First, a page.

I suppose I'm romanticizing those days, much like women do before they have children. You know, as if motherhood isn't full of dirty diapers, endless crying (the babies, not me! Well, maybe me.) and major sleep deprivation.
So it won't surprise you to know that now I treasure, with my whole heart and soul, these other, newer times with my kids. I'm not holding my baby daughter, but I have held her through a break-up and an unsuccessful bid to make the field hockey team. My middle child may no longer need to hold my hand, but when he shares his problems and worries with me, listening is a lot like hand-holding if you think about it. My oldest, well, he's another story. He will always need me, because God sent me a child with Down syndrome. Maybe, just maybe, God knew how much I need to be needed. I have to think that the love I've given will come back to me, as Beth so beautifully put it. I'll need to amend my first statement then. My children don't just break my heart. They fill it up too.

Tuesday, September 21, 2010

"If you are what you should be, you will set the whole world on fire. Let the truth be your delight...proclaim it...but with a certain congeniality." ~St. Catherine of Siena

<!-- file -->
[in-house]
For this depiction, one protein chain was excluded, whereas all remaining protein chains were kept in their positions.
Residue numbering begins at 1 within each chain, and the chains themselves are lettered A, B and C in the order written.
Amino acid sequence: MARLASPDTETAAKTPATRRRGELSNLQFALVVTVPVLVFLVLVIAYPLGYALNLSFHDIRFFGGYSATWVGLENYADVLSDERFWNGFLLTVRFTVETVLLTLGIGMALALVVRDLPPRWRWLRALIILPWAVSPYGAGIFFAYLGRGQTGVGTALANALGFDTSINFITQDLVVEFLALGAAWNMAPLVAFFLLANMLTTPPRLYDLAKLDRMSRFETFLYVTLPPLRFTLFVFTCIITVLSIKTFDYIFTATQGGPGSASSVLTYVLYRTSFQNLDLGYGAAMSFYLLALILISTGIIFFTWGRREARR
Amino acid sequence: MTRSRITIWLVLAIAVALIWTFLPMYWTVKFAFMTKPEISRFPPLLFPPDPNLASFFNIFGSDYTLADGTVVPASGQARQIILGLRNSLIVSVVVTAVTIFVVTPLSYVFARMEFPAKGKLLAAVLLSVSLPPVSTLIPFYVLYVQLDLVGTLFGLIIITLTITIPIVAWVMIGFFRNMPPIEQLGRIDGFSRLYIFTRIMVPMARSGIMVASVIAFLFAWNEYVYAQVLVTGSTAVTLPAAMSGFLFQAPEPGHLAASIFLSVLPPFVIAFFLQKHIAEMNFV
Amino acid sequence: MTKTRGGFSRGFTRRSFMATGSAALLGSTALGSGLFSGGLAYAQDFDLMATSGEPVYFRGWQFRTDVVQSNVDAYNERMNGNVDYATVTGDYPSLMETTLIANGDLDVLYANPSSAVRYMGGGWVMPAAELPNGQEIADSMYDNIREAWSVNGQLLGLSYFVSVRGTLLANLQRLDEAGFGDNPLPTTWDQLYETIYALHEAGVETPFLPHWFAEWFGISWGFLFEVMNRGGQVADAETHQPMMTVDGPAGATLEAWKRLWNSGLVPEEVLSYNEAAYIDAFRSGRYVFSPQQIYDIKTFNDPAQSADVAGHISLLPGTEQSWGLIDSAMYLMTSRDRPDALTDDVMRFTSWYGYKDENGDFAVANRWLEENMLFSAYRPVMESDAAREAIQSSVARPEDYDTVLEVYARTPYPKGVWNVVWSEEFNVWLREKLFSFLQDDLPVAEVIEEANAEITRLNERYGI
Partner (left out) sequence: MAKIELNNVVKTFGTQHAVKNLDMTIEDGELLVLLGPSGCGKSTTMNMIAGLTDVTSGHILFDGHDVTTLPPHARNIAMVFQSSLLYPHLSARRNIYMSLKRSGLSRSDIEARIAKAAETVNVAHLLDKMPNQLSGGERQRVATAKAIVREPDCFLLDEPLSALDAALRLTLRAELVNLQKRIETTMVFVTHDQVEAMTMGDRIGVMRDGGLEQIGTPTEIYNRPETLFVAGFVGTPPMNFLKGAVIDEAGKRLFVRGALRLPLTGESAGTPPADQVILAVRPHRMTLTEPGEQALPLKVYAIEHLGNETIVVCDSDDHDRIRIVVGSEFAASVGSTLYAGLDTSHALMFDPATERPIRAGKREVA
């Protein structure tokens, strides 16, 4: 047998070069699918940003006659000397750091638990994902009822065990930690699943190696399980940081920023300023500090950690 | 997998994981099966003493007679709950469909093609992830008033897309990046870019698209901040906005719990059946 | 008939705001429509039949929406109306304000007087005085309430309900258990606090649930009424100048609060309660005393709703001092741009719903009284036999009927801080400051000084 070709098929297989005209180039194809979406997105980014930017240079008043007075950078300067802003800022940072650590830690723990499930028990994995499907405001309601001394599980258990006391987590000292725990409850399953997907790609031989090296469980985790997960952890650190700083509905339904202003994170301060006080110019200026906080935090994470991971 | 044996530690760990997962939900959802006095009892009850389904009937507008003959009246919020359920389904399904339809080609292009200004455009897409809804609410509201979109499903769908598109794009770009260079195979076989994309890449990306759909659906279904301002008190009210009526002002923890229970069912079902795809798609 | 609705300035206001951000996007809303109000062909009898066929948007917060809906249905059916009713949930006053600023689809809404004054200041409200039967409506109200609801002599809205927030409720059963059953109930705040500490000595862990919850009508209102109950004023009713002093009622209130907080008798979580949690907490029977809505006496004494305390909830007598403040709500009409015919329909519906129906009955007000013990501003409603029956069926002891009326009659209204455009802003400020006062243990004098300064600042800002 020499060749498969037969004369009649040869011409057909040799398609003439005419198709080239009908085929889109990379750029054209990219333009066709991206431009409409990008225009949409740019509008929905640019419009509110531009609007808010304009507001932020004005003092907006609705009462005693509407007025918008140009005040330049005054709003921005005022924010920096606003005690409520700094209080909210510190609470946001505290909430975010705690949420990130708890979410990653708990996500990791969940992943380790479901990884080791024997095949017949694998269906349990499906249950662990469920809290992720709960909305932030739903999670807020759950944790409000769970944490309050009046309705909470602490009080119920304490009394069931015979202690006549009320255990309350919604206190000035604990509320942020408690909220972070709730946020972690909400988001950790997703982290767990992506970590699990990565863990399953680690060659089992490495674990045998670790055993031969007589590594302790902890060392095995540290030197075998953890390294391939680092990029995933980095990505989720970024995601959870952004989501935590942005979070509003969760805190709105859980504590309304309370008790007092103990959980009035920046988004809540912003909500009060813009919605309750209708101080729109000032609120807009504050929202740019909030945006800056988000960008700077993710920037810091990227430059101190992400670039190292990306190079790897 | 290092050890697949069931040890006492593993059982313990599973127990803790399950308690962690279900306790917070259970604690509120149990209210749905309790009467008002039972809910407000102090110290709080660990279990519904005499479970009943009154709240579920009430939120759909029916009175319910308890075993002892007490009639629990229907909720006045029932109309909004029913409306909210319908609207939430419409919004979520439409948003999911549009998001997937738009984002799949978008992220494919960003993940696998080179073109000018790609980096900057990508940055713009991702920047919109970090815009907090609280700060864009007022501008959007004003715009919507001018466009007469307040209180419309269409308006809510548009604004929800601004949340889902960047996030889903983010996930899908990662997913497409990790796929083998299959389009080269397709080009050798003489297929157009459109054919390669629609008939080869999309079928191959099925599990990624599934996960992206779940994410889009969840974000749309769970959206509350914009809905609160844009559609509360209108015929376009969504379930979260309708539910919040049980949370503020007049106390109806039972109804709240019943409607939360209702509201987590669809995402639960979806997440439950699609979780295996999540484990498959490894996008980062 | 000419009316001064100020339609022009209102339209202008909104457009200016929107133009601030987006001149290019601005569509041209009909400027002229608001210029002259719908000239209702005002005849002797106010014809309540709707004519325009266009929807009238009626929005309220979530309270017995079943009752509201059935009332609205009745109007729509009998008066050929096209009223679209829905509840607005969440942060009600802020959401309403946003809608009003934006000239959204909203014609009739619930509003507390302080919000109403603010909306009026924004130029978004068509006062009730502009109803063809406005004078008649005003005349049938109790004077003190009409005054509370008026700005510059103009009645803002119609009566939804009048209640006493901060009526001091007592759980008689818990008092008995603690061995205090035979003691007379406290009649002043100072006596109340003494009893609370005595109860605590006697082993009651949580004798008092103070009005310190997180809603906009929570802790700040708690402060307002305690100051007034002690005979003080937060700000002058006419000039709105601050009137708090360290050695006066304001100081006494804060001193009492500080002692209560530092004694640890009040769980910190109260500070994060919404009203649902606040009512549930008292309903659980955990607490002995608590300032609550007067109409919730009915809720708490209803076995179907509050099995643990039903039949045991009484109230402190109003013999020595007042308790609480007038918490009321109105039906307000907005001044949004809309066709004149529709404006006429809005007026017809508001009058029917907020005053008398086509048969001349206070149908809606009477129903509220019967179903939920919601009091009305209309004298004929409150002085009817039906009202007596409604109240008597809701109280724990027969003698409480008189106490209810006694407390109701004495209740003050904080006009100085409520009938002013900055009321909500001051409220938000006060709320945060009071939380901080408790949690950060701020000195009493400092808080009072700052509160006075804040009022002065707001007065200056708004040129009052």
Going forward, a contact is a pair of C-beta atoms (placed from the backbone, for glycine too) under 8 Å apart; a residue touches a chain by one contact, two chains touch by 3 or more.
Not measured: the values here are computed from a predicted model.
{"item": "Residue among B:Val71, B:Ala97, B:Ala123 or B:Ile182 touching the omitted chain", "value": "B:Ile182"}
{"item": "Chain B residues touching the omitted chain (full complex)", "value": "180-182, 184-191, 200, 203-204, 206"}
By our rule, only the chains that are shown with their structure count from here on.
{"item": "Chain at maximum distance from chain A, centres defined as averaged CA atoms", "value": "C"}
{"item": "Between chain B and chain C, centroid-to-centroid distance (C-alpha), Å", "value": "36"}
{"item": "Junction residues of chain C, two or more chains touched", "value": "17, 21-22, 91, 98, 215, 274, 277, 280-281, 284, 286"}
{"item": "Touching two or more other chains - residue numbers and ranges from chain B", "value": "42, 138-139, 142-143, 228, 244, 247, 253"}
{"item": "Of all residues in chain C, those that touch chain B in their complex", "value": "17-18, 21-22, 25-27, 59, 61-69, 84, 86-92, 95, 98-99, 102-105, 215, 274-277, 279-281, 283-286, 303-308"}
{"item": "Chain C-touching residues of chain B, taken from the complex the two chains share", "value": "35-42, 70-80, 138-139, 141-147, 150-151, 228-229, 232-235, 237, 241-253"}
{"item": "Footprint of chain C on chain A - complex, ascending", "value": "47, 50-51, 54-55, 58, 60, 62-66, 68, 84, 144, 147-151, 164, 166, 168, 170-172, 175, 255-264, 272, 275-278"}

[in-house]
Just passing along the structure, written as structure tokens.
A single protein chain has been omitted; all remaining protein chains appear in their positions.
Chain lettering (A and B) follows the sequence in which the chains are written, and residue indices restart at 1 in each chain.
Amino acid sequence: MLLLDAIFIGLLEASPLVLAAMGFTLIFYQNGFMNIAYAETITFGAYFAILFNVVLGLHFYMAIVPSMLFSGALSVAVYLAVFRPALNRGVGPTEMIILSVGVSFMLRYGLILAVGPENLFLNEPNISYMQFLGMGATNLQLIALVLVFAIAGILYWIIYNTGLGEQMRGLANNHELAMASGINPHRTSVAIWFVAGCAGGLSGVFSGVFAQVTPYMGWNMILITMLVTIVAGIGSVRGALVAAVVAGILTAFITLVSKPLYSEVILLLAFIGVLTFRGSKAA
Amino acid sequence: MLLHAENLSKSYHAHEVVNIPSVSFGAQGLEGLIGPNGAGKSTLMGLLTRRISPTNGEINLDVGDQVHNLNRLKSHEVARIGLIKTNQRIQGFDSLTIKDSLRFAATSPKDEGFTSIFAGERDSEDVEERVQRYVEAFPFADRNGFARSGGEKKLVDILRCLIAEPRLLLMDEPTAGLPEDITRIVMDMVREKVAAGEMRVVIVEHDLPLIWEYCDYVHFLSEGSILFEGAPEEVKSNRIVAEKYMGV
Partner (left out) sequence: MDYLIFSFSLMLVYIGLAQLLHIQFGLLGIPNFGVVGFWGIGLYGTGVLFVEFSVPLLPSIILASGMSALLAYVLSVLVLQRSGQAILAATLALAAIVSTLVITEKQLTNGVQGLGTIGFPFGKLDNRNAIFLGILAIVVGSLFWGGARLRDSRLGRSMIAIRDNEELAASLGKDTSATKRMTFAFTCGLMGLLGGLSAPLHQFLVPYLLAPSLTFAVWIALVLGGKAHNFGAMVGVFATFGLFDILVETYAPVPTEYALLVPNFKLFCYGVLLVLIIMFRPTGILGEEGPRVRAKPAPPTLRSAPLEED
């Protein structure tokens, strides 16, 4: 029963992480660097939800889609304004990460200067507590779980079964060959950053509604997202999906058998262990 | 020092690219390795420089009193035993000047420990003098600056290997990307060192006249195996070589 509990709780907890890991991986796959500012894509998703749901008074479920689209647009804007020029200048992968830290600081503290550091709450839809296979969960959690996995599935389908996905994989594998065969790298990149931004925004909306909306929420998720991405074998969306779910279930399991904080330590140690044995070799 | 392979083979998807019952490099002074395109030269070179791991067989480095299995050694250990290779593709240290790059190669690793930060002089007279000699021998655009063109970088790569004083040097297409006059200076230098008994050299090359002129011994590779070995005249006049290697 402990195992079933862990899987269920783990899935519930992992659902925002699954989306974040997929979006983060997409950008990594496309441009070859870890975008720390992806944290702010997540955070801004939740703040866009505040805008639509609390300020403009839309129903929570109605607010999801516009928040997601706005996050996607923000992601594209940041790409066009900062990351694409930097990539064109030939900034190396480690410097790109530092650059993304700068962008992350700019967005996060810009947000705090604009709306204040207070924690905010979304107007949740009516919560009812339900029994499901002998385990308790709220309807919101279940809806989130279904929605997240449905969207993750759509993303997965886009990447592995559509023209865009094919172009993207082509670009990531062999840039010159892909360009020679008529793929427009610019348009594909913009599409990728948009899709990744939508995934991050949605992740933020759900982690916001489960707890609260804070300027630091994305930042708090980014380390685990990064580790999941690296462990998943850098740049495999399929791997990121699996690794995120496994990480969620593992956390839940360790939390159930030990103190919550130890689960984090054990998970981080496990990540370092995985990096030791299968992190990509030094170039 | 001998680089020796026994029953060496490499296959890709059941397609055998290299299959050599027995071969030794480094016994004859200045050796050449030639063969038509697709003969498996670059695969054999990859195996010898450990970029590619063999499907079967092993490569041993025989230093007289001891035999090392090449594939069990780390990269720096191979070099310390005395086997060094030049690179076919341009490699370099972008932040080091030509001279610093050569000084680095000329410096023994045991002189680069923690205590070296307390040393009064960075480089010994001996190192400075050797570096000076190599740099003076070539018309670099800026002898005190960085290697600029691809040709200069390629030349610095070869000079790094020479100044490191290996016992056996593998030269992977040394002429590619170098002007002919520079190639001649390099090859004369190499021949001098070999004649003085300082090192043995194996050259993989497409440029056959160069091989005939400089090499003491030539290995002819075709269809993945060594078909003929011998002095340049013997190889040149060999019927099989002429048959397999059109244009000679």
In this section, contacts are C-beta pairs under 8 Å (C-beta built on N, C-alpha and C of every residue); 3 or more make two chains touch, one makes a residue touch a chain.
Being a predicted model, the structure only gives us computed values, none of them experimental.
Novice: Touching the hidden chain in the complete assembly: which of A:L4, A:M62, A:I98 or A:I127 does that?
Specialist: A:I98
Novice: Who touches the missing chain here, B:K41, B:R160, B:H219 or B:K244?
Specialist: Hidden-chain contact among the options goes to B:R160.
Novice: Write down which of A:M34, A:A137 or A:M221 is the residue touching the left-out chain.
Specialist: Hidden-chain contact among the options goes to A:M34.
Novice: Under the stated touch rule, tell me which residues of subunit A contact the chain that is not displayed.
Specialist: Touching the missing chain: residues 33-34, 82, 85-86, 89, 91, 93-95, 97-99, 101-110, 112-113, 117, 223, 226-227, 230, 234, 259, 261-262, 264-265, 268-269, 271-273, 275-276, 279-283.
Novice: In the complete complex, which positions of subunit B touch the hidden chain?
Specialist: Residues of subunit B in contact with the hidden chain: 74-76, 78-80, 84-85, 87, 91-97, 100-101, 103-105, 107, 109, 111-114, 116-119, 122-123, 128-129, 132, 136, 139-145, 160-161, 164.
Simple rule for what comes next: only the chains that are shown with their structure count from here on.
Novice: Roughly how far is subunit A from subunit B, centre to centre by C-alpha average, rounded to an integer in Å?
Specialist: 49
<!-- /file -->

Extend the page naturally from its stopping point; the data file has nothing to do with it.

I hate to talk about myself, but I love to write about what happens in my life. I especially love the idea of sharing my thoughts about my children, who are amazing young people, and my husband, the love of my life. But let's face it: no one's life is perfect and I have my share of frustrations and ridiculous crap on a daily basis. I'm the mother of two teenagers and a 25-year-old son with Down syndrome, so I'm here to tell you...crap happens. I decided to start a blog because it will be less time-consuming than therapy, fewer calories than the giant, 2-lb. bag of chocolate candies I bought from the Sweet Factory, and cheaper than online shopping. I hope that, from time to time, you'll be able to relate to my life and to my ruminations and viewpoints. I promise to try not to bore you to death. I promise to tell the truth (you'll have to trust me on that) so that perhaps, in some weird, voyeuristic way, we will be connected.  Ready?